Not every explosion originates from a bomb: those classified under the accidental type can be natural, physical, electric, and chemical in origin. They occur when all the favourable conditions coincide, and sometimes as a consequence of human ‘negligence’.
Nevertheless, many explosions are intentional. In fact, the industrial revolution would not have happened without our ability to overcome the massive barriers that separate us from essential natural resources. The first man made explosive mixture could have been inspired by the rapid combustion of potassium nitrate, charcoal and sulphur. This mixture is what we call gunpowder, and is how we marked history by a disturbing power to destroy. Gunpowder deflagrates upon ignition under ‘normal pressure conditions’, resulting in a mild explosion otherwise described as a very rapid combustion. Such explosives serve us today a number of other purposes such as avoiding natural disasters by blowing up potential avalanches, or even the creation of new spaces by demolishing buildings. I remember snapping this picture from my neighbourhood few minutes after last year’s demolition of Leicester’s city council’s offices, and would you excuse the randomness but I wanted to share it somewhere:
Unfortunately, progress is almost never benign, and all sorts of unwanted consequences could bulge out from it. Ammonium Nitrate, a widely used fertiliser, was only discovered to be highly explosive after the largest non-nuclear accidental explosion that shook up the United States. High explosives detonate under ‘normal pressure conditions’; resulting in a shock wave that travels faster than the speed of sound and that fragments almost everything that is on its way. Last August in China, seventy years later, we still could not prevent a similar industrial incident that involved the same chemical.
Some of us have instead developed ways to increase the explosives’ potency, and facilitated their use amongst fighting governments, military organisations, as well as the general population.
Weren’t we paving dangerous roads by spreading more knowledge about explosives such as the plastic or peroxide ones?
I will not delve into all bomb attacks that occur regularly against human beings; but it might be helpful to look at these striking figures: Wikipedia lists 405 terrorist attacks in 2015, from which 204 involved some sort of an Improvised Explosive Device (IED). Today, IEDs can be delivered in a mind-boggling number of ways. Small quantities are easily concealable and particularly difficult to detect. However, they still can be extremely powerful. Everything we can imagine today can hide a bomb. As a matter of fact, the ‘explosion of things’ is a haunting concept that we fear is becoming reality. A failed terror plot on board of the Northwest Airlines flight 253 has revealed an underpants device that was designed to kill 300 passengers and crew members above the city of Detroit. Six years later the group ISIS claimed to have downed Russian Metrojet flight 9268 above Egypt using a soda can.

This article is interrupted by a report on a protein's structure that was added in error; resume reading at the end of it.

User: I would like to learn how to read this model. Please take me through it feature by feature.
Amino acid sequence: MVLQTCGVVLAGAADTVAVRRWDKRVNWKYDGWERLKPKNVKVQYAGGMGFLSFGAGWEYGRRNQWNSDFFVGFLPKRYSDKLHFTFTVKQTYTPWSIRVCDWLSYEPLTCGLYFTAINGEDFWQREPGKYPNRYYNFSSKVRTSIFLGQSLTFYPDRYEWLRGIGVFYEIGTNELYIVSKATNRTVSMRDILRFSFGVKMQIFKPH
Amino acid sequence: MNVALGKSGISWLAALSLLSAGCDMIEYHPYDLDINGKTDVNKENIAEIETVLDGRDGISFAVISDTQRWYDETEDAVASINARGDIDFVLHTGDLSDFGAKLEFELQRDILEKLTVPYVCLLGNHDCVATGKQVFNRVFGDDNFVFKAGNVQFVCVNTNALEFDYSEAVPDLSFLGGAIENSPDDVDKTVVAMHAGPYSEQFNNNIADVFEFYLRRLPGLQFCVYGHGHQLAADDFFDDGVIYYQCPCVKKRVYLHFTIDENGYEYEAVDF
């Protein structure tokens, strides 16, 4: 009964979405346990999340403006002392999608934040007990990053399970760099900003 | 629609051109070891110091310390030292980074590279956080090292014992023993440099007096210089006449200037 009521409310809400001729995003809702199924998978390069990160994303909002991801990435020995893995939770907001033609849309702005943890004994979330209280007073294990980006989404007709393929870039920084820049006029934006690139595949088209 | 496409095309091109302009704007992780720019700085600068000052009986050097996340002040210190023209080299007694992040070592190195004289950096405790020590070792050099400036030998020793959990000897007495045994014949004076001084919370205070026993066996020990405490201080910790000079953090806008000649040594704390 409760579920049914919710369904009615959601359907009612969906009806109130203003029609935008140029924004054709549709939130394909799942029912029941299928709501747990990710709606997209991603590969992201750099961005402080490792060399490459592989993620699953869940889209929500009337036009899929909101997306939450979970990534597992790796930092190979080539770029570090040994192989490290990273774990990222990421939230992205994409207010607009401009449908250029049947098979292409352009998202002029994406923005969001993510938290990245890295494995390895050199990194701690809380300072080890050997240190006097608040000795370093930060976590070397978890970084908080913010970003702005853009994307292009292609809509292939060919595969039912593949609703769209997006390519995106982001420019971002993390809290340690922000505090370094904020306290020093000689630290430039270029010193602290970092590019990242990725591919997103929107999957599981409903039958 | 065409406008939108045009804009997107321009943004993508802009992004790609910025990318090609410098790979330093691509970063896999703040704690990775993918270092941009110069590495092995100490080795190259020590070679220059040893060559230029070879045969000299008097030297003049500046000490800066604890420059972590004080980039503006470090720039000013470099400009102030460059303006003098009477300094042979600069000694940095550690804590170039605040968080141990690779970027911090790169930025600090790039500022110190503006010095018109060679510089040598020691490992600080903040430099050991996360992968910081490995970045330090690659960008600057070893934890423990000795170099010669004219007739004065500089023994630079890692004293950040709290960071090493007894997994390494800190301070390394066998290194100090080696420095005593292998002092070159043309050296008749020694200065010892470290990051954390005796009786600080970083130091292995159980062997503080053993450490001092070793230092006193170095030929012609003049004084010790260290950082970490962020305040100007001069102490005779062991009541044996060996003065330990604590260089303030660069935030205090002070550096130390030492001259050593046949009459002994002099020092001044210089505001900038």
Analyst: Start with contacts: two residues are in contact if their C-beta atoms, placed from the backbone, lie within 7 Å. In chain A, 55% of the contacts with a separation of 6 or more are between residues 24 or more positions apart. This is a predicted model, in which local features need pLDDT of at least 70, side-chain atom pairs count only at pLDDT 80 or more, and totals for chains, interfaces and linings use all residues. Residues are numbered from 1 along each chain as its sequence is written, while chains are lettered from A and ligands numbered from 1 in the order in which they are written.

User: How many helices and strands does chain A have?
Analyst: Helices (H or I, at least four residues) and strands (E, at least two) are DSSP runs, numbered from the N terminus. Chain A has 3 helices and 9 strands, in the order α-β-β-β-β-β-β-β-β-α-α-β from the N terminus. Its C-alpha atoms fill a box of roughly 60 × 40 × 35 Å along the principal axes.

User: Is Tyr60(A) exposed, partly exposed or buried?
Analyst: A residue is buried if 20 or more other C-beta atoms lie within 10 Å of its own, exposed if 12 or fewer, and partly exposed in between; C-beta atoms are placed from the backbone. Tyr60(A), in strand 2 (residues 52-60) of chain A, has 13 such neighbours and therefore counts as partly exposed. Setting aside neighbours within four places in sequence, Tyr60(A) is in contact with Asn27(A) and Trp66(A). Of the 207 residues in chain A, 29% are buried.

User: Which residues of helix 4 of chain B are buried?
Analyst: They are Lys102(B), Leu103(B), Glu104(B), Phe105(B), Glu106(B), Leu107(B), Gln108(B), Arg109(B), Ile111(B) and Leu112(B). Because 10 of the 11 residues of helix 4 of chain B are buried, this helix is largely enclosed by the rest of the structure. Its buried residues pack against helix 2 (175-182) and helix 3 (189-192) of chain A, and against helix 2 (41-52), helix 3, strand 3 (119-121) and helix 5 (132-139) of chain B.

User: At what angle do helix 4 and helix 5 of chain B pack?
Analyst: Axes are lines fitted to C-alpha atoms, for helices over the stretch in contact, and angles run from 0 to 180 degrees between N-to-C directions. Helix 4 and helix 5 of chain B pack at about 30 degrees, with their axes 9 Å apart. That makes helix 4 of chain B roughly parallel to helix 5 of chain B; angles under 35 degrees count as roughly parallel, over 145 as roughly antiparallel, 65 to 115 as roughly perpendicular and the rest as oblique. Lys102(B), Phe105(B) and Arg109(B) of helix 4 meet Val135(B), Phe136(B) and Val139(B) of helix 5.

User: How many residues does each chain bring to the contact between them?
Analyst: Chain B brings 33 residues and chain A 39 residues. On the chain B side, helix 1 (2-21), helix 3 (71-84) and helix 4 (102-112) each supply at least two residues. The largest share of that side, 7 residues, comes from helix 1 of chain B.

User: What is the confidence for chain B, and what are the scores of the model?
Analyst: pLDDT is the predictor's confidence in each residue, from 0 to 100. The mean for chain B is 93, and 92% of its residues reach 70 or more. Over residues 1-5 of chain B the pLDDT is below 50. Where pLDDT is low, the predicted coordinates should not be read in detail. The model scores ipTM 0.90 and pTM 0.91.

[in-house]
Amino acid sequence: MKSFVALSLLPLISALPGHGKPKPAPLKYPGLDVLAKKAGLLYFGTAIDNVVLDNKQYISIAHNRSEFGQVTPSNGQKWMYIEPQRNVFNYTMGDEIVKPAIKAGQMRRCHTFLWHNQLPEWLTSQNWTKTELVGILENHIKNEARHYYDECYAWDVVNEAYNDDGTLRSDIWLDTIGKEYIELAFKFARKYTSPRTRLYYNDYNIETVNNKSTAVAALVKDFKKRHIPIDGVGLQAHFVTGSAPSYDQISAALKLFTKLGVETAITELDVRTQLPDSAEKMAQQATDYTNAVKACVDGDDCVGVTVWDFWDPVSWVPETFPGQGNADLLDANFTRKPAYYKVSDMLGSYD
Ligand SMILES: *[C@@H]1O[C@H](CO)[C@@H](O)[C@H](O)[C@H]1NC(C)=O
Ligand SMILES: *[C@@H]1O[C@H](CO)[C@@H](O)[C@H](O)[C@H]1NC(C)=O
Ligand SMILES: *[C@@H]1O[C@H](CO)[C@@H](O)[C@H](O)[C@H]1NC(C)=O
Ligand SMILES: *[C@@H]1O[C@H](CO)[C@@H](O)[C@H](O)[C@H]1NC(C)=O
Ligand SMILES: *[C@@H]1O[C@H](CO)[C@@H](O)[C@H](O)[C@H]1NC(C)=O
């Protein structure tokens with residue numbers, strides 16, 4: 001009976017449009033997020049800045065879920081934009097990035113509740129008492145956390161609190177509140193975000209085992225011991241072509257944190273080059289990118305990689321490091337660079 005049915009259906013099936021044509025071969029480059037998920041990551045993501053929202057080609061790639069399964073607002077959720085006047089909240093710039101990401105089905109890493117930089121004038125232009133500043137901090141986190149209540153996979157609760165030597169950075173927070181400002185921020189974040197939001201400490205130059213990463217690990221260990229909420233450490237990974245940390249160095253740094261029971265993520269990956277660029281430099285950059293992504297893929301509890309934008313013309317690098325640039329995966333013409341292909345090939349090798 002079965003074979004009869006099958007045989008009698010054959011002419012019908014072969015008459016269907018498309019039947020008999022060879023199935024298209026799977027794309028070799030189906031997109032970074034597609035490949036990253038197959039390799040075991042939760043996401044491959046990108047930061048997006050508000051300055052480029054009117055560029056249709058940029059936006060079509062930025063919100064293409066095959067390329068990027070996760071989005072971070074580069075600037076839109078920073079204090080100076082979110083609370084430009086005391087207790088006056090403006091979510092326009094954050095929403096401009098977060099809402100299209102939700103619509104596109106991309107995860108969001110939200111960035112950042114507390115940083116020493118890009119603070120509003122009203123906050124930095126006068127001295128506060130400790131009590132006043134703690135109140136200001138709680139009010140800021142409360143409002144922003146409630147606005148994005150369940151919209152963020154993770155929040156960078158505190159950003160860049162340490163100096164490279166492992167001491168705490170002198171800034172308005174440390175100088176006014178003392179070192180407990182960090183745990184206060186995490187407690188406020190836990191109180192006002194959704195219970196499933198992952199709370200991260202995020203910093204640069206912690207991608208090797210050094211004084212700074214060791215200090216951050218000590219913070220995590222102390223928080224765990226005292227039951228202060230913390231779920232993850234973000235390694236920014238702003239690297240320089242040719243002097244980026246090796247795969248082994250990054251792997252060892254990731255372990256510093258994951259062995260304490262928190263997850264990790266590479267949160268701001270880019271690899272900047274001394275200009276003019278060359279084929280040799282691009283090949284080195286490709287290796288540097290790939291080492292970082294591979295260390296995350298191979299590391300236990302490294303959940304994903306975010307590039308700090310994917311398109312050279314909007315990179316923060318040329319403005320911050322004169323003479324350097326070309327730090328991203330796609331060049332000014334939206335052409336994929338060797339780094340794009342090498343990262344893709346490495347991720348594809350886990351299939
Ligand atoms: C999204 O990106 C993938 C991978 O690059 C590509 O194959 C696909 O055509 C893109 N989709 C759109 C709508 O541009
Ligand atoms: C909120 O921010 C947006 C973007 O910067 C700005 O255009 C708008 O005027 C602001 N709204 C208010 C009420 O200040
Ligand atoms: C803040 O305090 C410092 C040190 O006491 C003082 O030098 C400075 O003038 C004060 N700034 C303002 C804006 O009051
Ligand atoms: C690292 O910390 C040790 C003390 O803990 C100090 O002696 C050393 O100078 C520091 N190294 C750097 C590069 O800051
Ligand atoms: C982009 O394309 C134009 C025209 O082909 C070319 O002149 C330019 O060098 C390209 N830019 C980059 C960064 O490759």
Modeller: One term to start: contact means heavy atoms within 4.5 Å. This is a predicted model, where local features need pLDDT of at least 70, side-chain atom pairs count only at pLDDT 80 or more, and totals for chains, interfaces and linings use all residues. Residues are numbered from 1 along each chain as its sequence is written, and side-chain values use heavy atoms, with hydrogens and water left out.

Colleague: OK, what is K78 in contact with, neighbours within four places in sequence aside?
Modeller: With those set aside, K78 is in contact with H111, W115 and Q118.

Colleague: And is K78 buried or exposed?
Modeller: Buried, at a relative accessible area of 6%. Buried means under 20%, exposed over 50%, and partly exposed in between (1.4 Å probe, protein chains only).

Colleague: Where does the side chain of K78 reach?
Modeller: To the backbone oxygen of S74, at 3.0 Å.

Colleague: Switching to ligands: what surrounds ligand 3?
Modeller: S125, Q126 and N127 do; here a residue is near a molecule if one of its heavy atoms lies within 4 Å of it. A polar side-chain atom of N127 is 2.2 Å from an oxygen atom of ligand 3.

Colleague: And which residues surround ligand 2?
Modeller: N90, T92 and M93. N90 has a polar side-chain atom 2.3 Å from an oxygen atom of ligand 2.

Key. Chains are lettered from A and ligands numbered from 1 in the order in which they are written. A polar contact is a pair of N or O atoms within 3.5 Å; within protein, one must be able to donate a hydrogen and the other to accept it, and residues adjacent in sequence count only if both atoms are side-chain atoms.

It has been reported that the underwear contained Pentaerythritol tetranitrate (PETN) and another chemical called Triacetone Triphosphate (TATP), which also filled the suicide vests of last November’s Paris attackers. A TATP bomb is very easily prepared at home and, because of its powdery consistency, can be contained in all sorts of items. However, TATP’s extreme instability makes it a nightmare to everyone- including to the attackers themselves.
Explosive devices have killed, incapacitated and traumatised many of us whilst also destroying our shelters and belongings. Together with my fellow researcher Alex, we are working on possible improvements in the identification of bomb makers after the explosion has happened. Alex’s work focuses on the recovery of fingerprints while mine focuses on DNA.
The controlled production of artificially degraded samples in the lab is an essential move forward in understanding the specific damages that are brought by a chosen environmental factor. However, we believe we can make a stronger impact on ‘real’ life by working with ‘real’ samples as well. I would like to express my full gratitude to the Investigations Divisions and Bomb Squad of the Larimer County Sheriff and the Loveland Police Department, especially Sergeant Brian Wangler, Sergeant Ryan Ertman and the rest of their highly skilled and scientifically curious team. Together we have performed outdoor experiments by setting off pipe bombs that contained our samples of interest and then by adequately collecting the remains once the scene was safe to explore. As is possibly the case with other experiments involving explosions in the USA, we have also benefited from the presence and crucial advice of the Bureau of Alcohol, Tobacco, Firearms and Explosives: the ATF.
I will let you guys imagine how fascinated I was, to be there and to be doing this: